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C200: The Revolution Will Not Be Facebooked

2011 March 15
by Edward Glaeser

< Tahrir Square, Cairo, 29 January 2011; photo by: Ramy Raoof >

We live in an era in which it is easy to telecommute from any sylvan spot, but our cities are more important than ever. America’s three largest metropolitan areas, with only thirteen percent of our population, collectively produce eighteen percent of national output. Cities continue to be so important because globalization and new technologies have increased the returns to being smart, and we are a social species that gets smart by being around smart people. Cities help make that happen.

Cities have long enabled chains of invention from Athenian philosophy to Ford’s Model Ts to Facebook. The skyscraper, for example, was collectively developed by a cadre of brilliant architects brought together by Chicago after a great fire. Urban innovation will help us meet the enormous challenges that our planet still faces, like developing world poverty and the risks associated with climate change. High density urban living can also reduce energy use and carbon emissions.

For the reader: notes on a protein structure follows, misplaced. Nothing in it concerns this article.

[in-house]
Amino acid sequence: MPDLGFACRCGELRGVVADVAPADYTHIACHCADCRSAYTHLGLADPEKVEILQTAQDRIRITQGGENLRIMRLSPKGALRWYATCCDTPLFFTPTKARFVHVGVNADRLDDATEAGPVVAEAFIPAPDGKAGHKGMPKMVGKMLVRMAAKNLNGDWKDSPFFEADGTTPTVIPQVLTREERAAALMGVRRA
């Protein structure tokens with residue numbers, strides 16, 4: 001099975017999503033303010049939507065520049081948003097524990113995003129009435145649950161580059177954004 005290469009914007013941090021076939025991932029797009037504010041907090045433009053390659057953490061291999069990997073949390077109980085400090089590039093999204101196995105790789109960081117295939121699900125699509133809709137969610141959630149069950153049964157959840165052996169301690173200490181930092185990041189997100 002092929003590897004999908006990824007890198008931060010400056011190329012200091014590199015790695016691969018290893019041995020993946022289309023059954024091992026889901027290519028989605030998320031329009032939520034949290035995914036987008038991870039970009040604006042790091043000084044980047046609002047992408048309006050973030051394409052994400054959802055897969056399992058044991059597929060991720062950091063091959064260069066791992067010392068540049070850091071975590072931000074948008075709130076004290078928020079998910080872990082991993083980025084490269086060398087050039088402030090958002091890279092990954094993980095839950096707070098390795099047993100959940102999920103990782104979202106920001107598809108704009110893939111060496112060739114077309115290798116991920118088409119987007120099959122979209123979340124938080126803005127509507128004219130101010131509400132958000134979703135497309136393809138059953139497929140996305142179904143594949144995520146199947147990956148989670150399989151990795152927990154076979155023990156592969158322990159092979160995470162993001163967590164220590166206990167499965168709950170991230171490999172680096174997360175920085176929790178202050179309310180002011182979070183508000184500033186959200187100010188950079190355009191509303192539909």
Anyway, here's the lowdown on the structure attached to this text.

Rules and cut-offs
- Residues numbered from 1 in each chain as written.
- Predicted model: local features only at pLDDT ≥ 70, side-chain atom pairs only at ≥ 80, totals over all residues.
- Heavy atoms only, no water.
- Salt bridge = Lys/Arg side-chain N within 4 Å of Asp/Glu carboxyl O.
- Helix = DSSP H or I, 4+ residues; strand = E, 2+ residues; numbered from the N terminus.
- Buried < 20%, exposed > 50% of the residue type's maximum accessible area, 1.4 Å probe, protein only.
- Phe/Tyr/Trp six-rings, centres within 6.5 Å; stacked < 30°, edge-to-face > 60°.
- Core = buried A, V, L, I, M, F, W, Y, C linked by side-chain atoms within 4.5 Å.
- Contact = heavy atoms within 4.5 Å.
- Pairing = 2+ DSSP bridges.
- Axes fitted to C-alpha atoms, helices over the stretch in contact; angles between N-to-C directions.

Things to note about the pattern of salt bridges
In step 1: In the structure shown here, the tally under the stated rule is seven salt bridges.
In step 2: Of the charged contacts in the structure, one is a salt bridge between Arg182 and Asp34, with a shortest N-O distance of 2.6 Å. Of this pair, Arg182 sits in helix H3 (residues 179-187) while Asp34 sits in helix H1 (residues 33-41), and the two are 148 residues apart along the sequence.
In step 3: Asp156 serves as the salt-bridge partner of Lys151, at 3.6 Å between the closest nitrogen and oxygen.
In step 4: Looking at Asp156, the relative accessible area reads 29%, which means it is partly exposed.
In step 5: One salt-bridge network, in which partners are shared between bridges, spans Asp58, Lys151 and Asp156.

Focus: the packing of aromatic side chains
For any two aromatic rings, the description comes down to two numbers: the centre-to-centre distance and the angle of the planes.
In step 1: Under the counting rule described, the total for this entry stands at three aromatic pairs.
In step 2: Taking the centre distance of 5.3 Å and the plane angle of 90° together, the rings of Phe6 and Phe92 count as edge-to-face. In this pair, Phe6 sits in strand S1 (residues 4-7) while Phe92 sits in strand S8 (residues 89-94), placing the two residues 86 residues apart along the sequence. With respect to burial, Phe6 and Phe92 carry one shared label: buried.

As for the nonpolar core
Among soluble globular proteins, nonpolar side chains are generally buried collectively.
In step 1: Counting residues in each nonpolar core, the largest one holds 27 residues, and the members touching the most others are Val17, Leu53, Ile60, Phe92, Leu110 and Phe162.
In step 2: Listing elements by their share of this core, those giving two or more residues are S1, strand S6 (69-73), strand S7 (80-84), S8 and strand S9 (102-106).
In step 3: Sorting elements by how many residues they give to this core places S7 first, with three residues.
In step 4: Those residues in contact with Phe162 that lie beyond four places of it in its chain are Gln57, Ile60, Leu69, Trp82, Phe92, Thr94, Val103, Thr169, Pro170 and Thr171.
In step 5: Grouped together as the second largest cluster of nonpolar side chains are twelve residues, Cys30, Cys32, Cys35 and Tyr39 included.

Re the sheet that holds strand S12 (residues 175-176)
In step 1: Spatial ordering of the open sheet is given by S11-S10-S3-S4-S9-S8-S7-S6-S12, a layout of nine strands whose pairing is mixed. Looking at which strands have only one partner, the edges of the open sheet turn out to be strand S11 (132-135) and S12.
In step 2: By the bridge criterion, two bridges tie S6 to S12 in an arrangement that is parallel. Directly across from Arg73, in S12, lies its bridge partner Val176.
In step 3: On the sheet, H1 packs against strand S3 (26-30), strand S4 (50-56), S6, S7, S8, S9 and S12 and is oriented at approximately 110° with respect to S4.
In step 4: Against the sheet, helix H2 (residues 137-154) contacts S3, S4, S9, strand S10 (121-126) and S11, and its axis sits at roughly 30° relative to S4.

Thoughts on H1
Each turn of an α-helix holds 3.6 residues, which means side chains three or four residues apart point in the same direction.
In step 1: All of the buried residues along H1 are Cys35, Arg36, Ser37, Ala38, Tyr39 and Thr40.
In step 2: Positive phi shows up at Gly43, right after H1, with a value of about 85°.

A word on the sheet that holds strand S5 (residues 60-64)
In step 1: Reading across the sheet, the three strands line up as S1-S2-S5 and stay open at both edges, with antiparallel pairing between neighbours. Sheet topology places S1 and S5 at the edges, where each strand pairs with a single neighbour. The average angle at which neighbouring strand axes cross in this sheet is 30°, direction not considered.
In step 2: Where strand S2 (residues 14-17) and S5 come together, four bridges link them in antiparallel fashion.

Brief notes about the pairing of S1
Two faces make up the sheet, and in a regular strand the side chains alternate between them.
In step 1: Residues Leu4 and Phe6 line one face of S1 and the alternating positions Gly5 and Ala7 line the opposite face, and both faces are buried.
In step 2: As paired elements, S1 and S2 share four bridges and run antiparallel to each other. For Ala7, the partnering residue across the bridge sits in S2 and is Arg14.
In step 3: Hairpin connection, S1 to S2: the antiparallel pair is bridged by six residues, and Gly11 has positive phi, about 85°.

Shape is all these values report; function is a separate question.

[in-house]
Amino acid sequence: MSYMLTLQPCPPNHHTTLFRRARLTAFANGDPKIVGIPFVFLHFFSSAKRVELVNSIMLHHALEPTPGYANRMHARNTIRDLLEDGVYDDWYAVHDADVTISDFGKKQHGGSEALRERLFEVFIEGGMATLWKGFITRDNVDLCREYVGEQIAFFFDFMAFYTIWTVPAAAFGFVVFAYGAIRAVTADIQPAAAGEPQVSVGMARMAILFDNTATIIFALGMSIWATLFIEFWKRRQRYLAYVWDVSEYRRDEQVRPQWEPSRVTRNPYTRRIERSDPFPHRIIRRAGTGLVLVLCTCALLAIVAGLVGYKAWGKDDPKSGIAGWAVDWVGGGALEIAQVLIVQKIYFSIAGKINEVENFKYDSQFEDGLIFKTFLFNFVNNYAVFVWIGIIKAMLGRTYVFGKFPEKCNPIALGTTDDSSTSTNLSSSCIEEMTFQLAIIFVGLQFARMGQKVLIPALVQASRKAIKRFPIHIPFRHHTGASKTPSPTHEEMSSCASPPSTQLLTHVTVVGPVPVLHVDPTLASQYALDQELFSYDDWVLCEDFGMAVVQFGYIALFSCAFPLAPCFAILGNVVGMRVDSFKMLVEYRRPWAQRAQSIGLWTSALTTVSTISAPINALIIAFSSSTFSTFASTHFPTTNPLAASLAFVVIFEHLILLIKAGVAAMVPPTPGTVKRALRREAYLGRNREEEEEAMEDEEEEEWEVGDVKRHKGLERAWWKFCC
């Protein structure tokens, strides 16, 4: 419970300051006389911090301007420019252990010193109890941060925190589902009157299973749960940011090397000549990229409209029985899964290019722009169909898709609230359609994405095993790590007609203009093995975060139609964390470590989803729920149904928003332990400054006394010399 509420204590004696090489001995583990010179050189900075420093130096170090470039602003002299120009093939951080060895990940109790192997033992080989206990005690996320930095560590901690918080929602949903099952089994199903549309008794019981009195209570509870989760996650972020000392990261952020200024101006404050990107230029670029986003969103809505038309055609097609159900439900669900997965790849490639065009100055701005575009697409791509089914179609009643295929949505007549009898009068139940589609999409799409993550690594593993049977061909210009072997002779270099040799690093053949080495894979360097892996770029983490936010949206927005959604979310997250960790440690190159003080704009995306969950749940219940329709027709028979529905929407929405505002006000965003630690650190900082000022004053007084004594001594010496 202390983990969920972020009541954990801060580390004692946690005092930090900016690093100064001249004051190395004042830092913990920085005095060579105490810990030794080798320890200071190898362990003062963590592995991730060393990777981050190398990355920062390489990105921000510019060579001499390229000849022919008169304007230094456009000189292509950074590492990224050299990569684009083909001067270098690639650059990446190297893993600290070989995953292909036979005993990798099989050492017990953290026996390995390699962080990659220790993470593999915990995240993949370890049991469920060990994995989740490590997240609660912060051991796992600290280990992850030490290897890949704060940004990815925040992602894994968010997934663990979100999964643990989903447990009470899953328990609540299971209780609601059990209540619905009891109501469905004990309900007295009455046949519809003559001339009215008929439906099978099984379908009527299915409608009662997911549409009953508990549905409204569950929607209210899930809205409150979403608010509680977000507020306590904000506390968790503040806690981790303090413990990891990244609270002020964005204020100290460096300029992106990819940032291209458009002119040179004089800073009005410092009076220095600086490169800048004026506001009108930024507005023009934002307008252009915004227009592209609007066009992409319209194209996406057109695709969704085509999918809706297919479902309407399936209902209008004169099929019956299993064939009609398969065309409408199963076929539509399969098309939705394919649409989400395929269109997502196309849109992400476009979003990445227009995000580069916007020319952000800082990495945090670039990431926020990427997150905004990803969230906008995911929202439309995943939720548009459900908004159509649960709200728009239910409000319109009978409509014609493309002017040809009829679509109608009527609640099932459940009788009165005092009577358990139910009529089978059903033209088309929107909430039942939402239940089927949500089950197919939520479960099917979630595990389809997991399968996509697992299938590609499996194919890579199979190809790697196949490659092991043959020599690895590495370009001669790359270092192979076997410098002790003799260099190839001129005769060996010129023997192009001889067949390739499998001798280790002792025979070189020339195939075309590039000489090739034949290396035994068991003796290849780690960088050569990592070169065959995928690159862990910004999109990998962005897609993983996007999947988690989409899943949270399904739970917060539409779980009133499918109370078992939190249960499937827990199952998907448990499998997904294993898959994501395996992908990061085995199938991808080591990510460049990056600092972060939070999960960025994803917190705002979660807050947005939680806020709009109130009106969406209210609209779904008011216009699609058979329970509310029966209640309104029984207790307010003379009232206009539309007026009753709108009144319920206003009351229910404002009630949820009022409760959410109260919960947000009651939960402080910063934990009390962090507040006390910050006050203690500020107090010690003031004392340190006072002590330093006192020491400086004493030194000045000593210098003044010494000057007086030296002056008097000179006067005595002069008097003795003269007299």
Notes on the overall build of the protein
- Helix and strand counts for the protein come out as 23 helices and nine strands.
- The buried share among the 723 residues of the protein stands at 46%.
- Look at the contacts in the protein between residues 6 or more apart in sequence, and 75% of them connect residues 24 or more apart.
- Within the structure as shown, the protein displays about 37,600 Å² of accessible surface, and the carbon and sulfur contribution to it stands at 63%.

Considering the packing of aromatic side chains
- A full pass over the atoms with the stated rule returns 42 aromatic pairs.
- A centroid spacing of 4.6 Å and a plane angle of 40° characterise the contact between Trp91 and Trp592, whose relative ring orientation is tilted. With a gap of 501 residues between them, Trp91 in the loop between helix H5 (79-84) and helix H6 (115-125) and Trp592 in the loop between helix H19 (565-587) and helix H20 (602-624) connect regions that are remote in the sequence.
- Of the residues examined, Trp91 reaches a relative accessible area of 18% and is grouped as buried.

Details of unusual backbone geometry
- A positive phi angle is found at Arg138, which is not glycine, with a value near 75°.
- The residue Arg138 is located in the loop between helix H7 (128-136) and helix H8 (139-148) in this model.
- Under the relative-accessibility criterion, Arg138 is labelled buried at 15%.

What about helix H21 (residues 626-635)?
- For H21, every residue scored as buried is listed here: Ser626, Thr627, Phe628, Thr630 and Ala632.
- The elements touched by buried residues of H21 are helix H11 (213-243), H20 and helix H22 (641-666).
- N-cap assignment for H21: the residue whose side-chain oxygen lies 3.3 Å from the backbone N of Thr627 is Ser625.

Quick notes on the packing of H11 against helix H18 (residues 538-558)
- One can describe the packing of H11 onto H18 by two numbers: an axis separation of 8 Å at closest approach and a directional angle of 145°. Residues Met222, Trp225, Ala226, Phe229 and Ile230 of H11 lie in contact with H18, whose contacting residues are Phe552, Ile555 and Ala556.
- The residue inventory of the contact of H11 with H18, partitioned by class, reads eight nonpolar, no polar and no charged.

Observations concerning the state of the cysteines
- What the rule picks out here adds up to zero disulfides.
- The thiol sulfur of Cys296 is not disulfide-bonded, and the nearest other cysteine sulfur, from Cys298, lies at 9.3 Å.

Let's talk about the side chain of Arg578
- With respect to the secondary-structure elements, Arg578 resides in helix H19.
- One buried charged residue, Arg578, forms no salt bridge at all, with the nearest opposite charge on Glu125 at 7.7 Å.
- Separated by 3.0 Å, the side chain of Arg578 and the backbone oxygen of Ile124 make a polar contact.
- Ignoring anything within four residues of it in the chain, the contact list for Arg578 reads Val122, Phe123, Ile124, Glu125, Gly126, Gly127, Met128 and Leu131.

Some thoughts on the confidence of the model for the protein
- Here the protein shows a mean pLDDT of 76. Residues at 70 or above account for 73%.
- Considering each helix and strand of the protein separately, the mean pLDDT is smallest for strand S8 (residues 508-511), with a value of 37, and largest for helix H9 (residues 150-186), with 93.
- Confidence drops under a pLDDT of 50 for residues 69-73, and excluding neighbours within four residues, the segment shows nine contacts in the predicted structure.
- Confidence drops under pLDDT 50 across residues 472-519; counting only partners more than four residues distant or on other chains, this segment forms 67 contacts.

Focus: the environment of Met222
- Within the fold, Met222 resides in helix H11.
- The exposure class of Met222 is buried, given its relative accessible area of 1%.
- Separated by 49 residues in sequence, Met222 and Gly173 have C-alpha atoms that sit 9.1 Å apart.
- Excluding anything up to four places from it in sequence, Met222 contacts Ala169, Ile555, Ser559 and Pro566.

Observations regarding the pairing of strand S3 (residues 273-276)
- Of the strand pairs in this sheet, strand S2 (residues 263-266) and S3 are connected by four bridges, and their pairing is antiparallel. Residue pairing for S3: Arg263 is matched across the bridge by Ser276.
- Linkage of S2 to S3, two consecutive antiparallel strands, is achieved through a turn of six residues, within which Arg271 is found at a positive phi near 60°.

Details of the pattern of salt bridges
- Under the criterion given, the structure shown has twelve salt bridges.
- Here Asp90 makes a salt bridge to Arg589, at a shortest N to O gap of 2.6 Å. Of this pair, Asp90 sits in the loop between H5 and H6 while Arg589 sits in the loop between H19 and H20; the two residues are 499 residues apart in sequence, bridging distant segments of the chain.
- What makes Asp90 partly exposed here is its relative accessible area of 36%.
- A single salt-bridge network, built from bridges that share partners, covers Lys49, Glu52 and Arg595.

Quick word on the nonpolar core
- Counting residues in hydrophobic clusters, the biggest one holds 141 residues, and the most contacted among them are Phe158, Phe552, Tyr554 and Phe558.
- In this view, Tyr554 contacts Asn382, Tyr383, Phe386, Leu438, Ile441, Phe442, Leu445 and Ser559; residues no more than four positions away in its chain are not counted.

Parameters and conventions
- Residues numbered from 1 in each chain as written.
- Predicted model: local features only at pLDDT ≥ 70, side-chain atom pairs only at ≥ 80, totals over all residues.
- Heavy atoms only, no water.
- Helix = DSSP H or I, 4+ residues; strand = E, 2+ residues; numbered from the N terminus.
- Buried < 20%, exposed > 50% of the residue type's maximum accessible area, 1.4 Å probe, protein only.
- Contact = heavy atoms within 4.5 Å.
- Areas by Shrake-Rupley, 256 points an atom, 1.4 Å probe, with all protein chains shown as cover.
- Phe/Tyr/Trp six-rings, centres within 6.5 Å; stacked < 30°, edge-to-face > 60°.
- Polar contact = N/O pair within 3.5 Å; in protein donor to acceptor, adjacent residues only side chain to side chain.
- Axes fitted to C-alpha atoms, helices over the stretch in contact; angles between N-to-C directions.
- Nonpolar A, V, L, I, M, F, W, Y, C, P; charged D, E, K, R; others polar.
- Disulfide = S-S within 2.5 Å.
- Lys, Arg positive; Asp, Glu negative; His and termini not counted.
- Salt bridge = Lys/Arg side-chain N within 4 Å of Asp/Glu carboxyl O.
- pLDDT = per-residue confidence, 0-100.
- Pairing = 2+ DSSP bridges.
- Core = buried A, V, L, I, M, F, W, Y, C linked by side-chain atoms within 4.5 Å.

In 2011, the power of cities is most obvious in the Middle East, where urban uprisings have forced autocrats to abdicate. We don’t know what will happen in these countries, but these events reminds that even a Facebook Revolution takes a city to succeed.

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Edward Glaeser is a professor of economics at Harvard University and a senior fellow of the Manhattan Institute. He is the author of, most recently, The Triumph of the City.

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